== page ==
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Growing concerns of EM ‘ripple effects’

By Yasmine Masi16 November 2021

Relatively low vaccination rates amid fresh COVID-19 outbreaks, slowing Chinese growth and peaked terms of trade with the prospects of tighter US monetary policy have produced several headwinds for emerging markets in 2022, according to analysts from Aviva Investors.

With different rates of rebounding economic growth in developing countries amid concerns over the impact of new outbreaks of COVID-19, Nafez Zouk and Carmen Altenkirch have argued that this will result in varying degrees of resilience and vulnerability across emerging markets. Lagging vaccination rates have also put emerging markets at risk of economic consequences and scarring in the medium-term.

Zouk and Altenkirch also highlighted the growing concerns about the cooling Chinese economy, which is also projected to produce varying impact on the emerging markets.

“Countries such as Peru, Chile and Brazil are heavily dependent on Chinese demand for commodity exports, Thailand relies on Chinese tourists, and supply chains in the Philippines and Malaysia are deeply intertwined with the Chinese economy,” Zouk and Altenkirch in their analysis.

“Other countries are in a better position to weather a slowdown in China. Mexico and Eastern European countries stand out, given their respective proximity to large manufacturing centres in the US and Europe.”

Zouk and Altenkirch also identified the imminent tapering of the Federal Reserve’s (Fed) asset-purchase programme and a likely increase in policy rates next year as further headwinds for emerging markets in 2022. This projection is based on the historical financial consequences for emerging markets after financial conditions in the US were tightened, due to the impact on capital accounts.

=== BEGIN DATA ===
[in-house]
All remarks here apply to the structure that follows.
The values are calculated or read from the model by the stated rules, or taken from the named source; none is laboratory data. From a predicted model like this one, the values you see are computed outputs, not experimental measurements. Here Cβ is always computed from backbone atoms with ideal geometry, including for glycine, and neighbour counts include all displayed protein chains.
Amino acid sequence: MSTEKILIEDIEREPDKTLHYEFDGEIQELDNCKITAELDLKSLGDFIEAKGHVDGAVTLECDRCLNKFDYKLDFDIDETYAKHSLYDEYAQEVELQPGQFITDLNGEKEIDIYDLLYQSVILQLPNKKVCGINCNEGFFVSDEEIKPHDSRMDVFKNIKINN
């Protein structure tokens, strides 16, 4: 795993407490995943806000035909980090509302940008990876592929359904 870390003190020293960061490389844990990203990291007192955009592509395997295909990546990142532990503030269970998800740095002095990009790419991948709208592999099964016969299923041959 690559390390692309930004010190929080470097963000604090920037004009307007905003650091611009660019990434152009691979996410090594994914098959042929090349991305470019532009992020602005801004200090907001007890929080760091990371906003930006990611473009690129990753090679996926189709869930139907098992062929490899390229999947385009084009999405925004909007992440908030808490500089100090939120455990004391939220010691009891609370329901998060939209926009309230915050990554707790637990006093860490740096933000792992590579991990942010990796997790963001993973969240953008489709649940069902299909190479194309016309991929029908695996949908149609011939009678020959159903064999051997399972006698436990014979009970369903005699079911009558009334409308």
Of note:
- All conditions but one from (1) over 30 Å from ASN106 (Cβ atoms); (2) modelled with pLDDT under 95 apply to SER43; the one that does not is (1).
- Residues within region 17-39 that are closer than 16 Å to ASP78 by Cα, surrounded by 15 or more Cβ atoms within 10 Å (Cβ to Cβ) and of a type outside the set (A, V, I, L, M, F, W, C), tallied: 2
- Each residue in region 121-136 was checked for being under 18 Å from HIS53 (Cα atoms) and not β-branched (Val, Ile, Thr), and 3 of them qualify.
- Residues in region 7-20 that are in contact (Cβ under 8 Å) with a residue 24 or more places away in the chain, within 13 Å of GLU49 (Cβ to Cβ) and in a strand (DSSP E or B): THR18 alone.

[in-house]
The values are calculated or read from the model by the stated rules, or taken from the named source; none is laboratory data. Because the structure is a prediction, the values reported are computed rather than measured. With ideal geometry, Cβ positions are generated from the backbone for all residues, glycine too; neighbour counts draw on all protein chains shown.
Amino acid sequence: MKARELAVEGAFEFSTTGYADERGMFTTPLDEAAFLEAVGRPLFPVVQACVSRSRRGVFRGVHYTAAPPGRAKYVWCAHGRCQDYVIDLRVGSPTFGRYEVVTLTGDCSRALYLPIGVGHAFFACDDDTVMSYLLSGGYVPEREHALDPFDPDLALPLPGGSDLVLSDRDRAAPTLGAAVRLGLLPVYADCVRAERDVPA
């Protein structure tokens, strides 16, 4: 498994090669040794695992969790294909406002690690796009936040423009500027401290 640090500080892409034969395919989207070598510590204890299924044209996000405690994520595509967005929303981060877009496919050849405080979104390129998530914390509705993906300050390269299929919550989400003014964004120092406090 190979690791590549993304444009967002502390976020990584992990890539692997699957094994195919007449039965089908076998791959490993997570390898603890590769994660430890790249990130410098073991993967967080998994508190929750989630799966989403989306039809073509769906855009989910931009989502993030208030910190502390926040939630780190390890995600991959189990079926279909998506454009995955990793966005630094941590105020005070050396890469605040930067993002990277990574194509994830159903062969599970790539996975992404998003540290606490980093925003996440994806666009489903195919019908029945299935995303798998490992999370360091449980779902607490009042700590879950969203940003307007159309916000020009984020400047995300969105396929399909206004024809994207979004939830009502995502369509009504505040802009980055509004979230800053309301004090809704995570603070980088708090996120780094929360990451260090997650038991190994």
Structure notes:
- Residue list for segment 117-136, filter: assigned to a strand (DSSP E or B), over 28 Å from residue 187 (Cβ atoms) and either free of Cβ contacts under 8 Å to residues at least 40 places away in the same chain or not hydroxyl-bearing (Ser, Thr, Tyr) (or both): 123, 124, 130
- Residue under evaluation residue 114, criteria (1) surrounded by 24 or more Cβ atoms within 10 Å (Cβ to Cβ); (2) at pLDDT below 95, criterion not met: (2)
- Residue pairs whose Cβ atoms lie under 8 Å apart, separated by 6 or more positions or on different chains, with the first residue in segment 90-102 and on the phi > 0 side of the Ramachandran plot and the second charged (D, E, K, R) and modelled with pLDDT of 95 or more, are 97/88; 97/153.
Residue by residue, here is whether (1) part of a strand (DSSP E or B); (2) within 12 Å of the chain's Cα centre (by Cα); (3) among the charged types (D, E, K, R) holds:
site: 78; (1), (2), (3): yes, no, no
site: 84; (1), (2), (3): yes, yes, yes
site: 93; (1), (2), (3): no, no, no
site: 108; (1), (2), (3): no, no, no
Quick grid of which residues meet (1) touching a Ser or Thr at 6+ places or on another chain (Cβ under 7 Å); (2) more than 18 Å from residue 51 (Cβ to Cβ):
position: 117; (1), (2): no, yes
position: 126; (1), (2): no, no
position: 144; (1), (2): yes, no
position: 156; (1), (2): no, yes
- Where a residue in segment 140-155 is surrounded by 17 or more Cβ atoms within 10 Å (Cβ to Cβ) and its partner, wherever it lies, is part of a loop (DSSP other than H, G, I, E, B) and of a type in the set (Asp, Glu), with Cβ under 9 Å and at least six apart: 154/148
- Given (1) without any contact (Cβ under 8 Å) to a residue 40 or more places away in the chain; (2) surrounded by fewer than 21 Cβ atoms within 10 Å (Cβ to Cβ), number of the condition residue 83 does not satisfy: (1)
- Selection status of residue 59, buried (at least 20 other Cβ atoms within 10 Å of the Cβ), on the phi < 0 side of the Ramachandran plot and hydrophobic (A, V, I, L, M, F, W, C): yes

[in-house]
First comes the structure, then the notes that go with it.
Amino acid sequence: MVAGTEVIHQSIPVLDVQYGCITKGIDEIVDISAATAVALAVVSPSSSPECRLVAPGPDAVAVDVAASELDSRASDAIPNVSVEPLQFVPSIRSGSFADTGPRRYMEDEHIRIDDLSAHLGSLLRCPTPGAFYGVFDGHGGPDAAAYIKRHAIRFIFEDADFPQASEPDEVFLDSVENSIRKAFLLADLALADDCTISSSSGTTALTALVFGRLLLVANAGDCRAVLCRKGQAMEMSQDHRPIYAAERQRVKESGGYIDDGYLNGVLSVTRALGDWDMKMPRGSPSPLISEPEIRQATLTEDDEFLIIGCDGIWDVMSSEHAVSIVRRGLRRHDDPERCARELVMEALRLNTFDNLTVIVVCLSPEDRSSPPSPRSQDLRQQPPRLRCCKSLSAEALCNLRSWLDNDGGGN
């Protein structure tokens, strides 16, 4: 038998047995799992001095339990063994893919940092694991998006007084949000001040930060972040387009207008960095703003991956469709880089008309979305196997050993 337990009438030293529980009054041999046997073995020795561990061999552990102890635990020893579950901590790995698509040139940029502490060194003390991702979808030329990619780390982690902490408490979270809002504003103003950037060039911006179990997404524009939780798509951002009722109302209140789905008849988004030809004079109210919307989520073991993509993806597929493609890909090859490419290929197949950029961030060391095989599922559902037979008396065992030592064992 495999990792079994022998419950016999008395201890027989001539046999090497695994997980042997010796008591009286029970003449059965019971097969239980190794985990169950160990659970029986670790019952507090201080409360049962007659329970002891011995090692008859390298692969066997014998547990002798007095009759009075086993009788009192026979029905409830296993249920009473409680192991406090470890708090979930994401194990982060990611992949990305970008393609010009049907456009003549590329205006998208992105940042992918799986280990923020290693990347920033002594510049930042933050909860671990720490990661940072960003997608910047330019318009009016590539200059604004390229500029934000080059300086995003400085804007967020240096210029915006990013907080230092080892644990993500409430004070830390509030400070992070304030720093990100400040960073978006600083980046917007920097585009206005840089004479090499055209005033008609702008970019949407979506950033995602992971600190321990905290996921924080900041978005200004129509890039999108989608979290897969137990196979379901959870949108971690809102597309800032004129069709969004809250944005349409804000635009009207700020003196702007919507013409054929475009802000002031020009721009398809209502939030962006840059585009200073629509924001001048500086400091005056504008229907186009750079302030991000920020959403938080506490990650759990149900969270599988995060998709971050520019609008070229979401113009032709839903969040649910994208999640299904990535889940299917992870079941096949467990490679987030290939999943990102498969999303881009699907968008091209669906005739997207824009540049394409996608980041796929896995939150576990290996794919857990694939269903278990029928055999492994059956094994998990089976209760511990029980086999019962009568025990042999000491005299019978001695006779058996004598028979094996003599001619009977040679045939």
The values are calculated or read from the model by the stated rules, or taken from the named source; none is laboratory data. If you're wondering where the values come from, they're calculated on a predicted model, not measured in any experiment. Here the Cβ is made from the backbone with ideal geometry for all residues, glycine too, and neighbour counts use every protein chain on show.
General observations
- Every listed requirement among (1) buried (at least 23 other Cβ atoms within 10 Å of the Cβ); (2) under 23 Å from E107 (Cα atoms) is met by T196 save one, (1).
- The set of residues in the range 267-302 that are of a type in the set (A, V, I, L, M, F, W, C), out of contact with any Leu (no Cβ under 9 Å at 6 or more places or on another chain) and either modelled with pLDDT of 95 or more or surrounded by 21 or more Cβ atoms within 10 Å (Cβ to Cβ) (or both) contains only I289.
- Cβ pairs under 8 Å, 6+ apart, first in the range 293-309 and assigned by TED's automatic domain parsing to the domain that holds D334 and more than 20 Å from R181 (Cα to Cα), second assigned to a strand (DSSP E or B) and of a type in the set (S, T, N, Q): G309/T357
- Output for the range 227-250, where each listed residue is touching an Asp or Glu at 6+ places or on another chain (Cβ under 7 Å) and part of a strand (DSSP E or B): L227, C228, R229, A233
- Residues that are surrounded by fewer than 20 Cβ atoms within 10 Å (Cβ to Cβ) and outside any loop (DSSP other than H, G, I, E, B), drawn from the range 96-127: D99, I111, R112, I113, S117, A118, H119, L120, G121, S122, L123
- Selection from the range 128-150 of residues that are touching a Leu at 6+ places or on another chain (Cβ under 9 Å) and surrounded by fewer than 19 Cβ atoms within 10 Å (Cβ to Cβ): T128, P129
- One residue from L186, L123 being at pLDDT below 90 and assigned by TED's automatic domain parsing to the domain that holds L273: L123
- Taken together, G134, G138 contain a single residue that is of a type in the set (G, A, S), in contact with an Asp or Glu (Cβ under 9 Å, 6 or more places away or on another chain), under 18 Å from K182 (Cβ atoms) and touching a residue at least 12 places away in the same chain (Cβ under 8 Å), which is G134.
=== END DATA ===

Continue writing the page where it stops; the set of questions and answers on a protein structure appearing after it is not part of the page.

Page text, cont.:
“Meanwhile, the recent (and wholesale) improvements in current account balances may wane in 2022 as commodity prices come off their highs and import demand picks up,” the analysis said.

“Taken together, it will prove more challenging for more vulnerable EM countries to meet their financing needs.”

The analysis also highlighted several countries Zouk and Altenkirch believe will experience real economic growth that is likely to exceed real effective interest rates, like Malaysia and Indonesia, and those that remain vulnerable to large primary deficits putting pressure on debt-to-GDP ratios, like South Africa and Brazil.

“The likes of Peru, Colombia, Ukraine, and Ghana are all vulnerable to disappointing growth; as such, investors will need to watch fiscal metrics closely to better assess their future debt trajectory.

“Some nations are in an even worse position… Although it would take a big negative economic shock to cause serious concerns for Romania and the Czech Republic, the same cannot be said for Bahrain, whose fiscal position merits closer monitoring.”

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